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Coach Wright of Jefferson Wages a Private Battle

March 28, 1993|ERIN J. AUBRY | SPECIAL TO THE TIMES

It was another cool, rainy afternoon in Los Angeles, but in the confines of Jefferson High School gym the heat was on.

"Come on, let's go!"

To the encouraging bellows of assistant Coach Demorrio Wright, the boys' basketball team was gearing up for the next day's playoff game. The gym echoed with the squeaking of rubber soles as players paired off for one-on-ones, hustled through shooting drills and sprinted from one end of the court to the other, all under Wright's scrutiny.

The scene of a home-grown coach encouraging his young charges was inspiring. But this coach is battling a foe far more sinister than anything he has ever faced on the court: leukemia.

The team gathered around Wright for a parting huddle, exhausted but more polished by the intensive practice. Their sweat-streaked faces cautiously anticipated praise, knowing that it doesn't come fast or easily from Wright.

"You guys are looking real good," said Wright, his affable demeanor momentarily sober. "Real good. We're gonna do it."

He went on to give final pointers and criticisms of certain plays, but the boys sensed his approval of their performance. Clearly revved up, they dispersed amid war whoops and a flurry of hand slaps.

"This coaching is what keeps me going," said Wright as he rested in the bleachers after the practice session. "If it wasn't for this, I don't know what I'd do."

Watching Wright laugh and joke with teachers and players, it is difficult to imagine that he is seriously ill. Yet it has been 1 1/2 years since Wright, who went to his doctor complaining of muscle spasms, received the diagnosis of chronic myelogenic leukemia. Now, when his white blood cell count goes up--which it can do without warning--he has bouts of excruciating pain that can sideline him for weeks at a time.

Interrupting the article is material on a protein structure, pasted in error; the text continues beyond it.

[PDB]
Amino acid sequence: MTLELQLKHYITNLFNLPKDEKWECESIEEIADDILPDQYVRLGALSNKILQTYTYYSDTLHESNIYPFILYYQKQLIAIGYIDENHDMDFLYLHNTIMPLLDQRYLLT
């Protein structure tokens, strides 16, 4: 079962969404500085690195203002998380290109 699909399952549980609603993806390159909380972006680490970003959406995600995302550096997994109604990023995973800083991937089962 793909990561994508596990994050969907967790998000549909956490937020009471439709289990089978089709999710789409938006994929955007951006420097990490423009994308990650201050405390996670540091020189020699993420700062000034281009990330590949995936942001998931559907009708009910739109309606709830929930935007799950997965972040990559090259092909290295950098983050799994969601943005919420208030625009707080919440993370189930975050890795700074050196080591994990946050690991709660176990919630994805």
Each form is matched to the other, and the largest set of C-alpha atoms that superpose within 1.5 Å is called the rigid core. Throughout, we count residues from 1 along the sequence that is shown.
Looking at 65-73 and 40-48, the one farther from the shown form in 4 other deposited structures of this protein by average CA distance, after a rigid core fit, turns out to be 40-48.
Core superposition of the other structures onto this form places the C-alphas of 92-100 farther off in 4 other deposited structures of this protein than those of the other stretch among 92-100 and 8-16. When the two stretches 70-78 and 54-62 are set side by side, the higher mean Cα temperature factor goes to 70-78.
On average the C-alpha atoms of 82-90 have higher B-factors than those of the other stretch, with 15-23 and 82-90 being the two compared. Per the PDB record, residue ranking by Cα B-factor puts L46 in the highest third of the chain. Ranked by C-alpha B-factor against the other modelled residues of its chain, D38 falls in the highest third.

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"I had never been sick a day in my life," said Wright, 30, shaking his head as though still disbelieving. "Just a year ago I was in training for a tryout with the L.A. Raiders."

Since his diagnosis, Wright has been hospitalized four times and is on intermittent chemotherapy. Those who work closely with him say that although he tires more quickly now, his spirits are much the same as before his illness.

"He really gives it all to you," basketball Coach Andy Fujitsubo said of Wright's style. "He's a beautiful guy. Anything we've accomplished here is due to him. Through good times and bad, he's always here."

Players say Wright's condition has not dulled his competitive edge. In fact, many of them attribute their Eastern League title--Jefferson's first foray into the playoffs since 1986--to Wright. The Democrats ended the season at 13-10.

"He pumps us up, makes us feel like somebody," junior John Johnson said. "I don't see his sickness. He's still living his life. He practiced every day except weekends."

Jason Weaver, also a junior, said Wright imparted mental toughness on the court and off, getting on players about maintaining academics at least as much as he did about basketball. "He actually helped out a lot more this year, coaching varsity," Weaver said. "I never think about him leaving us."

Neither does Wright.

A Jefferson High alumnus and all-around athlete, he has always coached youth, first through the city parks and recreation system and the last five years with the school.

"I always try and help the young cats," Wright said. "I appreciate what my coaches did for me. I'd like to give some of what I learned back."

Adding to the stress of his illness, Wright was first told that his insurance would not cover the $10,000 search for a bone-marrow donor, a procedure that must begin as soon as possible for leukemia patients. Wright's friends at Jefferson raised about $4,000 through candy sales, benefit dances and personal donations. But last month Wright got something of a reprieve: His insurance company agreed to cover the cost, and he has been enrolled in a national donor program through Cedars-Sinai Medical Center.

While he waits, Wright says he is determined that life will go on. There are always the boys to coach, and his wife of three years is about to give birth to another child any day now. The important thing, he says, is not to linger on his condition.

"I've never said, 'Why me?' I'm a fighter. I'll fight till the last second," he said. "But seeing the kids trying is always a thrill. It makes me realize all the hard work is worth it."

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